Microsoft: No more five-year waits for SQL Server

Microsoft: No more five-year waits for SQL Server

Summary: Shake-up promises two-year release cycle with a hard rule: If a feature's not ready, it doesn't go in.

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Microsoft's SQL Server development team learned a hard lesson from its work on SQL Server 2005: Customers do not want to wait five years for an upgrade.

From now on, a new development regime called the Software Reengineering Initiative will ensure that releases ship every two years whether new features are ready or not, said Mark Souza, who heads the SRI team.

For many customers who signed up for Microsoft's Software Assurance licensing model in the summer of 2002, the wait for SQL Server 2005 has been particularly painful. One of the touted benefits of Software Assurance was that the cost of upgrades would be covered, but as some analysts pointed out at the time, this deal carried a potential sting for customers.

Three years later, that warning hit home when, at the end of the first Software Assurance term, there was still no sight of an upgrade to either Exchange or SQL Server.

With SQL Server 2005 having finally launched earlier this month, Microsoft says it has learned its lesson. "We are taking care of our customers, one by one, who were expecting an earlier release," said Souza, speaking to ZDNet UK at Microsoft's IT Forum event in Barcelona on Tuesday. "We learned a lot, but one thing you have to remember is that it is about more than just upgrades--it is about maintenance, too."

The big lesson that the development team learned, Souza said, was to change the engineering processes to ensure a two-year release cycle.

"SQL Server will be on a two-year release train. If your feature is not done, you catch the next train. With SQL Server 2005, we had a lot of features 80 percent done, but because of the way we engineered the product, we could not just yank them out," he said.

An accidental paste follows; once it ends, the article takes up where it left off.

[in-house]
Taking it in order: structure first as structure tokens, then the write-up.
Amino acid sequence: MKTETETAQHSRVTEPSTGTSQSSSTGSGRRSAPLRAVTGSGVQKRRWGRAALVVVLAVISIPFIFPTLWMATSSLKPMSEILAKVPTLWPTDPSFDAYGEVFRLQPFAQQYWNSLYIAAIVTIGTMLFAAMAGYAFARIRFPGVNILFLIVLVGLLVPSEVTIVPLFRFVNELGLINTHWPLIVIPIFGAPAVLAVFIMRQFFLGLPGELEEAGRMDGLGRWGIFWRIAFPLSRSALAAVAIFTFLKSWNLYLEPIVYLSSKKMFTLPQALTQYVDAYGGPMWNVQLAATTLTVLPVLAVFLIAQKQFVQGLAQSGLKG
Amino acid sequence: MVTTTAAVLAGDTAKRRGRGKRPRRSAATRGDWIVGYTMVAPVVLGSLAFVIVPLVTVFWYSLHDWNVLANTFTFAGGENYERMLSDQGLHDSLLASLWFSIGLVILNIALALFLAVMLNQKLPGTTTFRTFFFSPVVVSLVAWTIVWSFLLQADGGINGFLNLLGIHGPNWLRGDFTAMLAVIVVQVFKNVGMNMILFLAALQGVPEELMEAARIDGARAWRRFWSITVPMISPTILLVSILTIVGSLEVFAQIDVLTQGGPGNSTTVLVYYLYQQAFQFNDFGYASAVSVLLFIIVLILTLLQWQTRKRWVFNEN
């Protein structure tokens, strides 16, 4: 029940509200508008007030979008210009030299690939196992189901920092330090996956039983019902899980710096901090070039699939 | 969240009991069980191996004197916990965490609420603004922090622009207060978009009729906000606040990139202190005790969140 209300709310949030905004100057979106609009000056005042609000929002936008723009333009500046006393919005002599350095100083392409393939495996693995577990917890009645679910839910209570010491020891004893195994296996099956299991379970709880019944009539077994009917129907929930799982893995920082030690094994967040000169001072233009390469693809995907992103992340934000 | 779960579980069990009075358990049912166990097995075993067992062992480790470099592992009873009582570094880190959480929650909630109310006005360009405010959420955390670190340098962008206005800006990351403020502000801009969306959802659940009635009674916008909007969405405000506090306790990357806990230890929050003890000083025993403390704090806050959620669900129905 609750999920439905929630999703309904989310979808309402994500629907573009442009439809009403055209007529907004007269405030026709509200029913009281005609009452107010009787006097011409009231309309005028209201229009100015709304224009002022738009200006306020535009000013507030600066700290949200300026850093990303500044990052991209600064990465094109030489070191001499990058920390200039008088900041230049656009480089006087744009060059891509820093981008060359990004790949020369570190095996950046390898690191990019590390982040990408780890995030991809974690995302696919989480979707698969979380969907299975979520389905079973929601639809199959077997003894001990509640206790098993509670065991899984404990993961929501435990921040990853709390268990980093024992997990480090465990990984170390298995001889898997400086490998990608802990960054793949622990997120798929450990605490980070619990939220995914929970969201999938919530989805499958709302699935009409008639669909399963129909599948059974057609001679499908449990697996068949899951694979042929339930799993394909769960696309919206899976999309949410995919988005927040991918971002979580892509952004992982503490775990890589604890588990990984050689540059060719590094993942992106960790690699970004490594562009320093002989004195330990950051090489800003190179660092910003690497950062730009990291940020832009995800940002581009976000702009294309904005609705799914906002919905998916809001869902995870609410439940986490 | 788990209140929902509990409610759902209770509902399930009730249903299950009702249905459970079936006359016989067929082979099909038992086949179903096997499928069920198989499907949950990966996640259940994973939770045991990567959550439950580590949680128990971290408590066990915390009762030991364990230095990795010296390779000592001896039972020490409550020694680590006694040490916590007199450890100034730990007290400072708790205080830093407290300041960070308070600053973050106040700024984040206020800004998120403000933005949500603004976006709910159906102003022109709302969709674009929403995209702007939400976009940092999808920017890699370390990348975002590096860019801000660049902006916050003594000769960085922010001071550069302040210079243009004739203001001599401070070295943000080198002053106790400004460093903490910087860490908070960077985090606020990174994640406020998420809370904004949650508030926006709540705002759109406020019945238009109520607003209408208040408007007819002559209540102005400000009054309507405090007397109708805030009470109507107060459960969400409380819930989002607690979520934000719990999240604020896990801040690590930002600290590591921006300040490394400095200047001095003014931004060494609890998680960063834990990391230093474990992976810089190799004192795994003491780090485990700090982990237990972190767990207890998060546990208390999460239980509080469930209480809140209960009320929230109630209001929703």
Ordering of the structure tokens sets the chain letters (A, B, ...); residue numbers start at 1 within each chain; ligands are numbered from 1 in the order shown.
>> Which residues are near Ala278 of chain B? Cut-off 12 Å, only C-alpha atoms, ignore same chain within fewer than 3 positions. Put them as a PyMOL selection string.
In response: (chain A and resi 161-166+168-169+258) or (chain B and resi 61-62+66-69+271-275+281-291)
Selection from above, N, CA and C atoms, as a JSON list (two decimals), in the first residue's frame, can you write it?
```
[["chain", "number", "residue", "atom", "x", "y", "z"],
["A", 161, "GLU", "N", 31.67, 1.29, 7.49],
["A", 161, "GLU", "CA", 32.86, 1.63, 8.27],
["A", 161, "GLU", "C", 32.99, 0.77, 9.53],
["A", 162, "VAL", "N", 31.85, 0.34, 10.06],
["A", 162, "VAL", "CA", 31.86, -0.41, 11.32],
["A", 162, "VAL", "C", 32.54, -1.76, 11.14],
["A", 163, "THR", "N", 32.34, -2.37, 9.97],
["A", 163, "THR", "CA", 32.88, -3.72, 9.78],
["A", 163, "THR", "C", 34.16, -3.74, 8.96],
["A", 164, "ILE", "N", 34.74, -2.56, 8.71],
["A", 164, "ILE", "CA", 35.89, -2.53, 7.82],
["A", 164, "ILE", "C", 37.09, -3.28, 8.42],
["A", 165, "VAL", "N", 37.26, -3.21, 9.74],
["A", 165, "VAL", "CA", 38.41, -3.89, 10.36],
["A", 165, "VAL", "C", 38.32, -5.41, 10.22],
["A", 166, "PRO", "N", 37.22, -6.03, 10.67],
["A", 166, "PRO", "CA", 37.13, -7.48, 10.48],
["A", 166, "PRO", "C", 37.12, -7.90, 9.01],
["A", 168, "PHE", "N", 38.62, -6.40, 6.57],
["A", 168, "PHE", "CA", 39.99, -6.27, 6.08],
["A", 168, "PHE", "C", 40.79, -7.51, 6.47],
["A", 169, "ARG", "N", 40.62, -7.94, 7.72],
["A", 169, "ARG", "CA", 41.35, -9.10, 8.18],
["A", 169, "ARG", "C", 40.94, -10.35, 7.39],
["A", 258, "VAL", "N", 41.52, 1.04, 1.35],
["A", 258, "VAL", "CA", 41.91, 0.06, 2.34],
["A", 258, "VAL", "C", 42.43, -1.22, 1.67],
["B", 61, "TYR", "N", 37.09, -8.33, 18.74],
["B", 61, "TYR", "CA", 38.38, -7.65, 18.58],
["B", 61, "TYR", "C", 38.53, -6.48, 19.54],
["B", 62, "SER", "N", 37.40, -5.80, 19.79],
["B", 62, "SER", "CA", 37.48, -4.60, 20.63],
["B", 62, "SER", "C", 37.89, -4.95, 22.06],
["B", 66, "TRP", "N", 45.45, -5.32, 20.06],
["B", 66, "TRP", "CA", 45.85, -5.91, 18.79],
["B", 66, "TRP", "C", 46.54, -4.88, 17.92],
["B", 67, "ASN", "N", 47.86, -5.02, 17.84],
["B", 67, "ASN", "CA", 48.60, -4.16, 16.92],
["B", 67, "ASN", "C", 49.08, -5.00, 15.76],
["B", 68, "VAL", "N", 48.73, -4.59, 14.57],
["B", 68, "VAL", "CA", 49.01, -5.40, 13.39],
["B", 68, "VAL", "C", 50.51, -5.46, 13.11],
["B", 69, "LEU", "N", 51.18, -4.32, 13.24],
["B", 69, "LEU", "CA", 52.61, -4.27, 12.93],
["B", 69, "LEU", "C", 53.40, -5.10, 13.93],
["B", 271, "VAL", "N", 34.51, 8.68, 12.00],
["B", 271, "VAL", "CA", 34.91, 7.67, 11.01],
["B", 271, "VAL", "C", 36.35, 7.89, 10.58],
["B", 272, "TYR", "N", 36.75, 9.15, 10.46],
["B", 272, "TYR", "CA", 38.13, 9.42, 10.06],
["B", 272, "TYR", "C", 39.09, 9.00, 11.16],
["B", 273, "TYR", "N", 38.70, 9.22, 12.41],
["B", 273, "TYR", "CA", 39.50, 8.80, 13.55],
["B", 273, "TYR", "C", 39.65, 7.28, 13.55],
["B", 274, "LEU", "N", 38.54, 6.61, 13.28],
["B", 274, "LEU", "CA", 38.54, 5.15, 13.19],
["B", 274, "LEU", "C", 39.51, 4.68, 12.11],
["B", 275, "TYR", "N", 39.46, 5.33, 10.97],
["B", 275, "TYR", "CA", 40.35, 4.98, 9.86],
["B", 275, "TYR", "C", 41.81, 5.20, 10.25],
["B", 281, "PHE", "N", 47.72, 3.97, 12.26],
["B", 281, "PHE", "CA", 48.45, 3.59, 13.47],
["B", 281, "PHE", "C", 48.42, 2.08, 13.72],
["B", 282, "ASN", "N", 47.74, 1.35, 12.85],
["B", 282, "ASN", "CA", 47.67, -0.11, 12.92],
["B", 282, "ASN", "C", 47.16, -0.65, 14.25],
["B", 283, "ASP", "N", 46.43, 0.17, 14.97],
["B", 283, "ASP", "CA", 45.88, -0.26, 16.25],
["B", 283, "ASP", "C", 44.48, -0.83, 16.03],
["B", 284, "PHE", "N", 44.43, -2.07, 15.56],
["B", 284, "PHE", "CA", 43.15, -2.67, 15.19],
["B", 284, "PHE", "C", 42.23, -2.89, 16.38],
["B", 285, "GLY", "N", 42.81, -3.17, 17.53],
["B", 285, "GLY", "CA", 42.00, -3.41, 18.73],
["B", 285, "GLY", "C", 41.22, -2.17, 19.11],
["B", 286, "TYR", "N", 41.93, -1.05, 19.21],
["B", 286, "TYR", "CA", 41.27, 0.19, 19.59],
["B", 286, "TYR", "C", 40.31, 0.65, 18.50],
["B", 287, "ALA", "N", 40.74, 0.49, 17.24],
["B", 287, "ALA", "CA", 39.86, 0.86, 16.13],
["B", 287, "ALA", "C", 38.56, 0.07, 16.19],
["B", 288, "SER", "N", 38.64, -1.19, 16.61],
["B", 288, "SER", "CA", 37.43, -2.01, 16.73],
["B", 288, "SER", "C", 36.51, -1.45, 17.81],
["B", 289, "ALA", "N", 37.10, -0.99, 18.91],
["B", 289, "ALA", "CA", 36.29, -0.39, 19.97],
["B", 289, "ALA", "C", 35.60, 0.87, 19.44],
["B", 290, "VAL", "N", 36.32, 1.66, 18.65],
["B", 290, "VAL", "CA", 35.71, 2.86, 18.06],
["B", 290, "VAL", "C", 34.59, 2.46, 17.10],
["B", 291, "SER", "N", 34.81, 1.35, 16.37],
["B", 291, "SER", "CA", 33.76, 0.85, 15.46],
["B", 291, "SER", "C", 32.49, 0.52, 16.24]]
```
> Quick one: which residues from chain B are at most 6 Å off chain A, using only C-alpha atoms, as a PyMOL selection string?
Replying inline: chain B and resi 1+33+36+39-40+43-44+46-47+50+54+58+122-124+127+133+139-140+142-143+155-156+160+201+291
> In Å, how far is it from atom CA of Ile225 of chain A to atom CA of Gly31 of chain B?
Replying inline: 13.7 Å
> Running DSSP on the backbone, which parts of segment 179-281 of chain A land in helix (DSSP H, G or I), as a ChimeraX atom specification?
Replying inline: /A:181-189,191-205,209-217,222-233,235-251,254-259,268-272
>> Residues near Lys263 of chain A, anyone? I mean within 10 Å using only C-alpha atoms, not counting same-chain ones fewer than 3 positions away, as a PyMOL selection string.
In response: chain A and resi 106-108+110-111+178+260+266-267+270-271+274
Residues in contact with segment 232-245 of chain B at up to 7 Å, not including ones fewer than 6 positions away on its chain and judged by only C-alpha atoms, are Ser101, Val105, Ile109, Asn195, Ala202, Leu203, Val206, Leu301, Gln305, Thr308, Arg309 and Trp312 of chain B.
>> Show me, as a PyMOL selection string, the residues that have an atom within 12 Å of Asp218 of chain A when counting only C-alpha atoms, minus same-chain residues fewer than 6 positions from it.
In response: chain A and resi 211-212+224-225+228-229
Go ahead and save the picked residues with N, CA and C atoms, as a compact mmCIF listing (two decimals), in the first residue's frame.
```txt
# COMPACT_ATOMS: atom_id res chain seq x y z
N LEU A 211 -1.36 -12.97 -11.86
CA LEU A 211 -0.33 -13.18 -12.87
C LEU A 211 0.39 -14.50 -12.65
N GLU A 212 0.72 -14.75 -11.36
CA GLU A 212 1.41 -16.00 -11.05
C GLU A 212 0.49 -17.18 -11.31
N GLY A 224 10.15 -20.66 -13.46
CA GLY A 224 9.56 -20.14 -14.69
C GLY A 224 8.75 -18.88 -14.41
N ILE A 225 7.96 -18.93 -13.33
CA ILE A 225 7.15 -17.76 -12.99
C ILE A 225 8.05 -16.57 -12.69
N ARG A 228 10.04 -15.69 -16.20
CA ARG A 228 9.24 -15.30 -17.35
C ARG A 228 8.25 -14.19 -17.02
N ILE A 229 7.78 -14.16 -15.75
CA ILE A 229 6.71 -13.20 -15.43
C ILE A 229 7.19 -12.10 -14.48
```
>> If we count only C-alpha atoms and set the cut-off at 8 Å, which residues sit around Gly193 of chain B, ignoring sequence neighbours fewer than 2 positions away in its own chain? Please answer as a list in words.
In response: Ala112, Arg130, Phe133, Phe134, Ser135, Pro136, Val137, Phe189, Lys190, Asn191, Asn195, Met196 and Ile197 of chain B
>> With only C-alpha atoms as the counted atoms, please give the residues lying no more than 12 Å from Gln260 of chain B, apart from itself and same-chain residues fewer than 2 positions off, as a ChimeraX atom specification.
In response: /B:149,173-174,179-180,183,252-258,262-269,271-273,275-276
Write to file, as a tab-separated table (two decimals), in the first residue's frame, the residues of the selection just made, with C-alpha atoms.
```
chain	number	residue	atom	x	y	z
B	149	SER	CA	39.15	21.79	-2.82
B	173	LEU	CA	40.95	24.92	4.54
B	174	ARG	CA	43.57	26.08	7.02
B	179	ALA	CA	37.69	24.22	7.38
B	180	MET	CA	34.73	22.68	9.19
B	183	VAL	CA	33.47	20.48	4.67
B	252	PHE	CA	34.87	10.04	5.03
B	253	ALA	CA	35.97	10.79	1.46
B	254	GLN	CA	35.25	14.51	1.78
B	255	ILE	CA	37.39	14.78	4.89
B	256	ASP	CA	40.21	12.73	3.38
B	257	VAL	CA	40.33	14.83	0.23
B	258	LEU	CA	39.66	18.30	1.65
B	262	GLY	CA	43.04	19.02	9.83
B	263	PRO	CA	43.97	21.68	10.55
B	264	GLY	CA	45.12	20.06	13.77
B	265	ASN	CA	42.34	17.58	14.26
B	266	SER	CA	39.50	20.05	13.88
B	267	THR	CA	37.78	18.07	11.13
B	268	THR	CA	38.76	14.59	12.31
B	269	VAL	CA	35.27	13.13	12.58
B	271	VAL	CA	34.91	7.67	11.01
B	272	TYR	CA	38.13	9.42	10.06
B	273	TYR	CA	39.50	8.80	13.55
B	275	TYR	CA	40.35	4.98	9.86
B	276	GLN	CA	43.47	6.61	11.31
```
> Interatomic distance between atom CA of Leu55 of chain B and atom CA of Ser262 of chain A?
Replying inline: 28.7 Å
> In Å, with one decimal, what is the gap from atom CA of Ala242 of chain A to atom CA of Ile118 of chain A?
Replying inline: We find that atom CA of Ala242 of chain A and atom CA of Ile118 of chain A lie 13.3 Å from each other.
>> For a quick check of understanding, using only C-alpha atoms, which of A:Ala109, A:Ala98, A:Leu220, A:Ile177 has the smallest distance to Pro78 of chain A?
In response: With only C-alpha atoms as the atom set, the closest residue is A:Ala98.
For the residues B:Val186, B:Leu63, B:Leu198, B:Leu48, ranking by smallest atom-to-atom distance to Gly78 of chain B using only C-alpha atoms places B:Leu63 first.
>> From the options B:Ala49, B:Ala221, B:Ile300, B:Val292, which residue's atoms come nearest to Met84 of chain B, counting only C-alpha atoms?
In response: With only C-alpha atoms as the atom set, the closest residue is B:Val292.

Perhaps the biggest change brought about by SRI lies in the testing process. "The way it worked before was that individual groups would develop and test a feature, and then we had to test all the other components that used that feature," Souza said.

One example of this is database mirroring, which was left out of the first release of SQL Server 2005, but is now due to ship "sometime between the first and second quarters of 2006," Souza said. "We built it, but then we had to make sure it worked with every single component. The testing process just blew up as we added more features. And SQL Server 2005 has more features than any previous release, so the testing matrix was bigger than ever," he said.

SRI means changing the way developers work on a project. "You work on one team but work with a feature team until you complete that feature. So it does mean we can't work on as many features, but when they are done, they are done. This also makes it easier to know whether that feature will get into a particular release or not," Souza added.

The result should be an end to the idea of the big release. "Up front, we will have themes for a particular release, such as zero admin costs," Souza said. "We will then list everything we want to do, and tick off as many items on that list as possible before the deadline."

The idea, which has been pioneered in the SQL Server group and is drawing interest from other product groups within Microsoft, is a direct result of the five-year wait for the latest SQL Server.

"Oracle shipped twice in last five years, as did IBM. But if you look at their release, they are small themes, and customers seem to adapt to that well," Souza said.

Matt Loney of ZDNet UK reported

Topics: Software, Operating Systems

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